Twelve Gaming Gripes of Christmas: Pt. One

By Daniel Shaw:

The holiday season is in full swing and already the shelves are filled with sales for all. And if it’s one gift that keeps on giving it’s the good ol’ video game. Or is it? Like a child of today who’s never known a moment without a screen in front of them, I grew up in world of gaming. It started on the living room floor of my cousins’ house with Super Mario Brothers, and to this day gaming remains one of my primary pastimes. However that also means that in that time I have come to compile a list of certain complaints. No system is perfect no matter how much time and effort is applied, and while I would never claim to be an expert, I feel I have enough experience to call out bull where it festers. SO! In the spirit of a season that is supposed to celebrate good-will toward men and cheer for all, I present to you a mean-spirited examination of some things in gaming that easily anger me.

These are my twelve gaming gripes of Christmas!

12) Quick-Time Events

One selling point of games today is their level of cinematic feel, particularly for the higher-profile titles. Many of these kinetic moments are featured in major action set pieces or a level’s final boss. We’re all familiar with “the boss” at the end of a stage, the last line of defense after going through hordes of enemies. Sometimes the boss is a bigger meany-er version of a previous foe or a brand new baddie who swoops down just before the exit. This can be either the highlight or the most tedious portion of the game, and in almost no other instance is it more of a chore than with Quick Time Events. What’re those, you may be asking?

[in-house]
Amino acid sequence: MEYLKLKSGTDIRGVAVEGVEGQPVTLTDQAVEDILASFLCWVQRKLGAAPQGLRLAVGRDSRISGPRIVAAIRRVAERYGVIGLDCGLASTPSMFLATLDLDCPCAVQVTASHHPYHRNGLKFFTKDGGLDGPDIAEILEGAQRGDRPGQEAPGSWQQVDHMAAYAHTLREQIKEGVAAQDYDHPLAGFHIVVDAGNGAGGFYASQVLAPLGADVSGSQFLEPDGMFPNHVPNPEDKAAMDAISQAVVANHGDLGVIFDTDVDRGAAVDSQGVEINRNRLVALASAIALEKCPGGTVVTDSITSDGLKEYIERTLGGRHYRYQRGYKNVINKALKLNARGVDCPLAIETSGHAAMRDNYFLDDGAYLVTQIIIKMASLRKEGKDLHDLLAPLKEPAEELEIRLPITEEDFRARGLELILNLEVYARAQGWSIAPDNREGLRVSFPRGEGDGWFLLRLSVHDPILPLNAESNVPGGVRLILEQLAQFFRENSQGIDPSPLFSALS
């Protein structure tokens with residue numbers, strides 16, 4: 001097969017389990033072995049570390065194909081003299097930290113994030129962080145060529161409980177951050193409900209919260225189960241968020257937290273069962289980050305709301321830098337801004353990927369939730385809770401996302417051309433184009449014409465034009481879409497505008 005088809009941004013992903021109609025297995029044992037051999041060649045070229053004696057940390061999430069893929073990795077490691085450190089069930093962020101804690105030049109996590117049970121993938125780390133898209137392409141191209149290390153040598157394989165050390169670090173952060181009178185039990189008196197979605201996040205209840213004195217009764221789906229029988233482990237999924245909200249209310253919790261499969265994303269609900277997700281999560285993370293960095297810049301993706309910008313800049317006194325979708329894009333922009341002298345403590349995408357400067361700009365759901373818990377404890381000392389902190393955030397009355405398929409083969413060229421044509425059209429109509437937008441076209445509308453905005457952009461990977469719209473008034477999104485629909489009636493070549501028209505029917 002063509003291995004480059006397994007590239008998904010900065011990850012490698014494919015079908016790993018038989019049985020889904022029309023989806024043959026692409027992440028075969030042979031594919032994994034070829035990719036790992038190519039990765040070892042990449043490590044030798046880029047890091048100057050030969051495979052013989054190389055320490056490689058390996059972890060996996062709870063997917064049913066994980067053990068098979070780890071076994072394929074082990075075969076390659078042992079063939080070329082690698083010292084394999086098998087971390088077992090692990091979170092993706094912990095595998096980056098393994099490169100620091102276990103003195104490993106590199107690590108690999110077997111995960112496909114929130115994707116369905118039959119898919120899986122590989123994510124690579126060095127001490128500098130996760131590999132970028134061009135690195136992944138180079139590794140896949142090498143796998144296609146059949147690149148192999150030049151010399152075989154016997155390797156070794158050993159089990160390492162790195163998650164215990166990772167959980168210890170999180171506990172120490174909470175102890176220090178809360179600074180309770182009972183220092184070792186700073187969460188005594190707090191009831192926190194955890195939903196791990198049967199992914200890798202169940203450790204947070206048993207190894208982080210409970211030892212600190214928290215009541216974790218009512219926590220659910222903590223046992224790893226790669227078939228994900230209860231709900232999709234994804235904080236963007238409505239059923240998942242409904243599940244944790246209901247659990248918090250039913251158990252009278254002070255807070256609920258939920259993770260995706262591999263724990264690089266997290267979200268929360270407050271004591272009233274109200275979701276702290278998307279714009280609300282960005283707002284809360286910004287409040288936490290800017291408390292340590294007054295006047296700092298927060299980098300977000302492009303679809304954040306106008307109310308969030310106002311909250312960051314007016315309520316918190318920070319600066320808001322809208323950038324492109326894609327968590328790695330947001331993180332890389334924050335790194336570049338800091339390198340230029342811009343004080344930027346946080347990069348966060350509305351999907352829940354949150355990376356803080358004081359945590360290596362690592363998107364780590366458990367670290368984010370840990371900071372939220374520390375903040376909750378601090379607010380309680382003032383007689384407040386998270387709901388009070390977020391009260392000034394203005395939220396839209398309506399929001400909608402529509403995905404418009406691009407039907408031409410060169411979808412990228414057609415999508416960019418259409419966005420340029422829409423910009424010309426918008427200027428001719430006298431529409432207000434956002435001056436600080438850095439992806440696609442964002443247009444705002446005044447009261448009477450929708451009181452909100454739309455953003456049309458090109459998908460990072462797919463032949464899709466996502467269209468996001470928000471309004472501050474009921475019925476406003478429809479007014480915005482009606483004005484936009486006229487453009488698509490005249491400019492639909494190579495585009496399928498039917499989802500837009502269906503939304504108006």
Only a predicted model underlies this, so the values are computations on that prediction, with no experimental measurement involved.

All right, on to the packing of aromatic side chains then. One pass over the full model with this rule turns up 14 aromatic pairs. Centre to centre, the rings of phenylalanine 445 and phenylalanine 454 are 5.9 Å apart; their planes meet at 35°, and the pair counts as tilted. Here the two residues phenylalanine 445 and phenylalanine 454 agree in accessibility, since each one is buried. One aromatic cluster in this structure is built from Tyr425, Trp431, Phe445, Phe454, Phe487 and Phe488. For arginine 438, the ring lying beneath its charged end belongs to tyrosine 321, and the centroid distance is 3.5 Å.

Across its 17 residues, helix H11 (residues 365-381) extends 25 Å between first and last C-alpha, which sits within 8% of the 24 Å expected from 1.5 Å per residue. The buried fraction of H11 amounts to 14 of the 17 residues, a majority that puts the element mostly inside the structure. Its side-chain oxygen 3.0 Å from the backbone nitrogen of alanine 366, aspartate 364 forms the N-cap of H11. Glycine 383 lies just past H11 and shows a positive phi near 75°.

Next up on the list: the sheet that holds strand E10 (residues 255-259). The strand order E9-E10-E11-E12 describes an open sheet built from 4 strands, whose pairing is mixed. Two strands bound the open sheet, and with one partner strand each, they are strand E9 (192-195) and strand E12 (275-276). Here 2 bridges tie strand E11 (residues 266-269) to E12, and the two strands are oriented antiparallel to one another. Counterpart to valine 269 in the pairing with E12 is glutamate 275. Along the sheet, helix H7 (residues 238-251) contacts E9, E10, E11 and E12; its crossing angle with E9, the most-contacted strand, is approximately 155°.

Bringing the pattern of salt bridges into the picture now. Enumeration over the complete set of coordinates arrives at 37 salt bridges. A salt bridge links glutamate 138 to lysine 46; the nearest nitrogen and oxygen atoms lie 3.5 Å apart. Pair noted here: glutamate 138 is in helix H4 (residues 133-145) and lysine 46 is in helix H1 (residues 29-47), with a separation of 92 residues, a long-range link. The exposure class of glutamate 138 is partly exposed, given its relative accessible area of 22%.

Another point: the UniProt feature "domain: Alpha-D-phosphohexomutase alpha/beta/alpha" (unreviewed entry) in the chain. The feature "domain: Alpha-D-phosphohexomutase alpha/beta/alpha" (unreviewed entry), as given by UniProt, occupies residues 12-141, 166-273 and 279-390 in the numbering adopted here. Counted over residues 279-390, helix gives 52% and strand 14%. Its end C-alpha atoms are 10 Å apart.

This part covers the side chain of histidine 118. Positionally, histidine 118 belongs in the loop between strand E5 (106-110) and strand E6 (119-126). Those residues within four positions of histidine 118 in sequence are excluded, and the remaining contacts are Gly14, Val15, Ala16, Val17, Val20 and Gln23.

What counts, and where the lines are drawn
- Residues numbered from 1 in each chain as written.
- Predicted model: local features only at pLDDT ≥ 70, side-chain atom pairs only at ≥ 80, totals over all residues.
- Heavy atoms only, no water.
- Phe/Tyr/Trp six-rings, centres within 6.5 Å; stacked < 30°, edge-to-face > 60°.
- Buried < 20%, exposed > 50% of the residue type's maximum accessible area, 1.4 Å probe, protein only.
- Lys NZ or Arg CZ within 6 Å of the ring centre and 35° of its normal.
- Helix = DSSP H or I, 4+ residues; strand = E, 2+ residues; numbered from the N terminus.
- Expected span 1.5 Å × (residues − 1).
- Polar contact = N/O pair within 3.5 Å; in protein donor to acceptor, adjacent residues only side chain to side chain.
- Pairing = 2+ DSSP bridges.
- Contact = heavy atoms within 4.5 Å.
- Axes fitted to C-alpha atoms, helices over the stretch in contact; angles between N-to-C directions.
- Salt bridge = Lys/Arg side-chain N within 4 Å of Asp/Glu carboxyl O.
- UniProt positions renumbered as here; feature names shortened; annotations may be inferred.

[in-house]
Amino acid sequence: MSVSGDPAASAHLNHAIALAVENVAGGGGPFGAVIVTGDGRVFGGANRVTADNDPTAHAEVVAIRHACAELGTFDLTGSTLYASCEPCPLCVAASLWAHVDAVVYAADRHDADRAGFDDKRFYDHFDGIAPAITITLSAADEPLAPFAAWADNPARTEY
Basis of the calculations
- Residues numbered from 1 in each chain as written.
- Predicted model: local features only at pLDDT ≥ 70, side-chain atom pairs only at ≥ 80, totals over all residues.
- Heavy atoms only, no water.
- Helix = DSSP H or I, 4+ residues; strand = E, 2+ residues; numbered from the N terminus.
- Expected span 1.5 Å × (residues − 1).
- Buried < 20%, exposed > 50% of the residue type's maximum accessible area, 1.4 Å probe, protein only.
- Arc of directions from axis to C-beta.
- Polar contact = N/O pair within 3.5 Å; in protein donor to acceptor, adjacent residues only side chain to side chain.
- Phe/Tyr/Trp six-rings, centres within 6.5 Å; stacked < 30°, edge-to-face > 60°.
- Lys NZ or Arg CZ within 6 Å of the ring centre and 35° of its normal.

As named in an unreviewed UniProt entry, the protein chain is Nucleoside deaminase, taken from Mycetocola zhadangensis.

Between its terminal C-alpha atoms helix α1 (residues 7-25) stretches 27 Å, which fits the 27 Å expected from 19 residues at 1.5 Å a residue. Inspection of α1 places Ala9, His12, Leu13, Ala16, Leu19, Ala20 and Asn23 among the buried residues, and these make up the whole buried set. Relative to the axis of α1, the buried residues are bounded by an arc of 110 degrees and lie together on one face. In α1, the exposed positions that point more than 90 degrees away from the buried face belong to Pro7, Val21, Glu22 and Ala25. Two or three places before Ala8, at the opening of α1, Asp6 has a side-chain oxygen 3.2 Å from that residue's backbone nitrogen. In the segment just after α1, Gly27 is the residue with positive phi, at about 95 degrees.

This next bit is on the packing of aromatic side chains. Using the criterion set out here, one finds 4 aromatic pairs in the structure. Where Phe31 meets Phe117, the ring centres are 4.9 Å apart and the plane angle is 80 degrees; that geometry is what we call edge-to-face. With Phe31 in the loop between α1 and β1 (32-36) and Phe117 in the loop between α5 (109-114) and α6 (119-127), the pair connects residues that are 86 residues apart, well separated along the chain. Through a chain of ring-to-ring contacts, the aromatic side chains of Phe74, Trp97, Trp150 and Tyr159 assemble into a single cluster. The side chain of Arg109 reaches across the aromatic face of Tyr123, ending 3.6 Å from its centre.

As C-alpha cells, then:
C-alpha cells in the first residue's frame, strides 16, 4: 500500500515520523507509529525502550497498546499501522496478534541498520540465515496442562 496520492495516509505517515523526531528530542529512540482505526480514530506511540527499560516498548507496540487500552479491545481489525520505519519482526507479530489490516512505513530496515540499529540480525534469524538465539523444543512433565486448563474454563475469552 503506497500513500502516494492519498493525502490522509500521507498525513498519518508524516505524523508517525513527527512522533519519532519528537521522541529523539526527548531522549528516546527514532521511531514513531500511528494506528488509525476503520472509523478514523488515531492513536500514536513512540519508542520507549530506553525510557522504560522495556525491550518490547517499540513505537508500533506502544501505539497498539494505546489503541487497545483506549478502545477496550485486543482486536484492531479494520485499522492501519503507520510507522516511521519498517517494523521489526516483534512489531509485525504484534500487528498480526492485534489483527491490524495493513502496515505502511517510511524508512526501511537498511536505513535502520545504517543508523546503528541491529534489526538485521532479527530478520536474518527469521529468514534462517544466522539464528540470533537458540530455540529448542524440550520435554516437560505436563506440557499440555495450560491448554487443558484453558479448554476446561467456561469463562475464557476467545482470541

These events are a series of limited controls presented to the player as onscreen prompts to direct them. Pressing “X” as one character slowly launches a punch allows you to dodge said punch. Failing to do so means you get punched. Clever, right? Wrong. Used sparingly, this mechanic can help keep the flow of gameplay during a frenetic set piece moving. For a boss fight, it just smells of laziness and leads to frustration. Imagine if there was a game set in spooky steampunk London, where Arthur’s Knights of the Round Table dedicate themselves to fighting the supernatural, and in the meager four hours of total gameplay you fight TWO werewolves in disappointing quick time events. Hang on, that’s Sony’s The Order: 1886!!!

11) No Pause for YOU!

Picture this: you’re sitting on the couch or before your computer. You’re playing away the hours on a brand new game that you just got from jolly ol’ St. Nick and suddenly, for whatever reason, you need to get up. “So what,” you say? “I’ll just pause the game,” you say? Well, nice try sucker, because after a few moments of careful searching, you come to the bewildering realization that there is no pause. There is no way for you to stop the game unless the system itself is powered off. What kind of sense does that make?! This is a trend that I’ve only recently begun to notice, and when it pops up I almost immediately take the game back to Red-box. </